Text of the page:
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In my talks with school communities and my work with students and parents, I’ve noticed something quite alarming: Very few of the people I talk to have no idea what medication they are taking or how many milligrams of a particular medication they are taking.
If you are in therapy or counseling or you go to the doctor and are prescribed any medication – don’t you think it would only make sense that you know what they are giving you and what the medication does – and why they are prescribing it and what you can expect as a result?
Don’t you think it would make sense to know how much of a particular medication you are taking? The point here is that I want you to be your best advocate and stop waiting for others in your life – doctors, parents, your children or significant others – to do the work for you.
You need to be your own best advocate in all areas of your life.
I’ll tell you a story…
Years ago I was really struggling with my diabetes. I ended up in the hospital because of it.
One day, I was walking through Chicago O’Hare Airport and I got this incredible amount of pain through both of my feet and it shot up through my back. I remember I was off to the side, in pain, and not one person came to me and asked me if I was OK or if they could help me.
Not one person.
You’d be amazed at what you can do when you have to do it.
I was able to get home, and for the next seven months I bounced between visits to my back doctor and my foot doctor – and each doctor was blaming my condition on someone else. I’m not going to say that the doctors didn’t know what they were doing – but I spent seven months trying to get an answer and wasn’t getting one.
Finally, I took a nerve conduction test. I went into a machine for 30 minutes and they pulled me out. That doctor took a look at his report and told me he thought he knew what my problem was.
“You’re fat,” he said. Just like that.
I know most of us would probably get offended by that. It seemed so unprofessional, but it took that doctor to finally tell me what I needed to hear. I could have been offended and gotten angry, but the truth hurts. The truth needs to be exposed. It needs to be spoken.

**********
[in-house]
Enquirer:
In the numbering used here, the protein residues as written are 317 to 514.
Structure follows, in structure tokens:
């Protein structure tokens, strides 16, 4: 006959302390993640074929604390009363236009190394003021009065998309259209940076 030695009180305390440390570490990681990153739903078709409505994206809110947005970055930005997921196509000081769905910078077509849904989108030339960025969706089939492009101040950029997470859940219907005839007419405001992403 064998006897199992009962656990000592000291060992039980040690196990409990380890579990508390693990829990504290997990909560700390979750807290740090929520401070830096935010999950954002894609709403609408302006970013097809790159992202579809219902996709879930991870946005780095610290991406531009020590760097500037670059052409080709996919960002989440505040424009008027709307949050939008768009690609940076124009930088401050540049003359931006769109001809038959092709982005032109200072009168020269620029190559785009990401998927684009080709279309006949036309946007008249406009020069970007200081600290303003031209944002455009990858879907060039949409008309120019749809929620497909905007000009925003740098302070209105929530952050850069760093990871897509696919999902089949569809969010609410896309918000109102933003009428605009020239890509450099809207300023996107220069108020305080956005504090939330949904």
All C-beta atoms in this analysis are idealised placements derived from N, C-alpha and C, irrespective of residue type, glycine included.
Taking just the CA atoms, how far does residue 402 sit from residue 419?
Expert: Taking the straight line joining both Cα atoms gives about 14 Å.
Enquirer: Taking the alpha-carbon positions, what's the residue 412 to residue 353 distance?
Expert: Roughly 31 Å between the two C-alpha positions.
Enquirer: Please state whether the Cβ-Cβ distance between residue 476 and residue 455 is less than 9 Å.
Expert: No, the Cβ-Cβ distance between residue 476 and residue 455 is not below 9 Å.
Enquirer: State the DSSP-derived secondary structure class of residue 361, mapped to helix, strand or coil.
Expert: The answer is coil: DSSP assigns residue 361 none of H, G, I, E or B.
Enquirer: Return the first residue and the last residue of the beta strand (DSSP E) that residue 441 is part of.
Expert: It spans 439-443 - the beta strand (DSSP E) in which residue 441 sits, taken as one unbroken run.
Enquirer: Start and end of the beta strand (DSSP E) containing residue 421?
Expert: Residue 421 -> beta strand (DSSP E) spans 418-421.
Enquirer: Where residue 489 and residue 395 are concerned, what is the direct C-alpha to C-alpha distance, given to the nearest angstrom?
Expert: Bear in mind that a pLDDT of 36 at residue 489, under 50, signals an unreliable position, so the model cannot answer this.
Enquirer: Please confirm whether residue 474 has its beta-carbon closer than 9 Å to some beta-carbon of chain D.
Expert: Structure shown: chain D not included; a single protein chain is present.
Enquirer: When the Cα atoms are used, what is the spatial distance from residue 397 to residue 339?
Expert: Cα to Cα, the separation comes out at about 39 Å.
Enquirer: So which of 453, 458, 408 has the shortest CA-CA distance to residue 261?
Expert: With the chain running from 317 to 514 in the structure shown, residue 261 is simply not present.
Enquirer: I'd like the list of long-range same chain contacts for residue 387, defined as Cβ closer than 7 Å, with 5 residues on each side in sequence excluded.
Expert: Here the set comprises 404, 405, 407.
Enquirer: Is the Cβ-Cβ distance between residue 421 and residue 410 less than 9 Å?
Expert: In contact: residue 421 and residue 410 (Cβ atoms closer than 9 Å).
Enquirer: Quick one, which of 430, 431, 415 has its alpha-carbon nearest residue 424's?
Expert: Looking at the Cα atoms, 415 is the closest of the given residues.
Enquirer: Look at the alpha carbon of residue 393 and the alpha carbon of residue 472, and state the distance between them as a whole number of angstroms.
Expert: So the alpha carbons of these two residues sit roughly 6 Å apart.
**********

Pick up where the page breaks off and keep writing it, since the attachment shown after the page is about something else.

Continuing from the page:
And it took that doctor telling me I was fat to stop me from going home and saying, “I’m not fat – I’m big.” I’m 48 years old. At what point do you stop saying. “I’m big…”
The point is simply this: At what point will the pain in your life become so severe (some would call it rock-bottom) that you will look in the mirror and say “What am I doing wrong? How am I a part of this issue or this problem or this situation?”
When you can look in the mirror and recognize that maybe you have something to do with something in your life – good or bad – that’s a game changer, my friend.
This is where change happens.
Stand in front of a mirror and take a long, hard look at yourself. Are you part of the problem or are you part of the solution? You can’t change what you can’t first acknowledge – and nothing changes if nothing changes.
My friends – you only know what you know – and we can only do what we have learned – and I want to encourage you…
No matter what you are going through in life, stop waiting for people to give you the answers – and organize your life in a way that makes you responsible, accountable and determined to get the answers. I want you to get to a place where you are not afraid to ask the tough questions. I want you to know who you are, where you are, and what you’re doing. Have a plan in place and be patient in the process. You can be consistent in progress every single day.
My friends – that’s it. I want you to be your best advocate in absolutely everything you do, everything you want – in all of your plans and goals – from this point forward. If you can’t be your best advocate, do not expect anyone to give you the answers that you need, and do not expect anybody to ever care for you as much as you have to care about yourself.
I want to be tough on you here. Sometimes we need the truth spoken to us in a way that we don’t care if it offends us – because we know that it’s going to help us. That’s it.
Nobody will ever care about you as much as you’ve got to care about yourself.
I don’t know where you are in life. You might be struggling with mental health issues, abandonment, rejection, abuse or addiction. Or you might just need some encouragement or a kick in the pants. I don’t know where you are, but we all have a story.
We all have challenges and struggles - but the ones that succeed are the ones that are not going to fold – the ones that are not going to give up and quit and walk away. They become their best advocates and are not afraid to ask for help. They put it on paper. They don’t get offended so easily – and they take complete and full responsibility.
That’s the bottom line.
Step up to the plate, my friends. Wake up. Get up. Dress up and show up.
Your attitude matters. Your behavior matters – and the choices we make every day.
Brush your teeth, wash your face, do your dance and kick it, my friends.
For more information about Jeff Yalden, go HERE.
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To book Jeff for your next event, call Betty at 800-948-9289.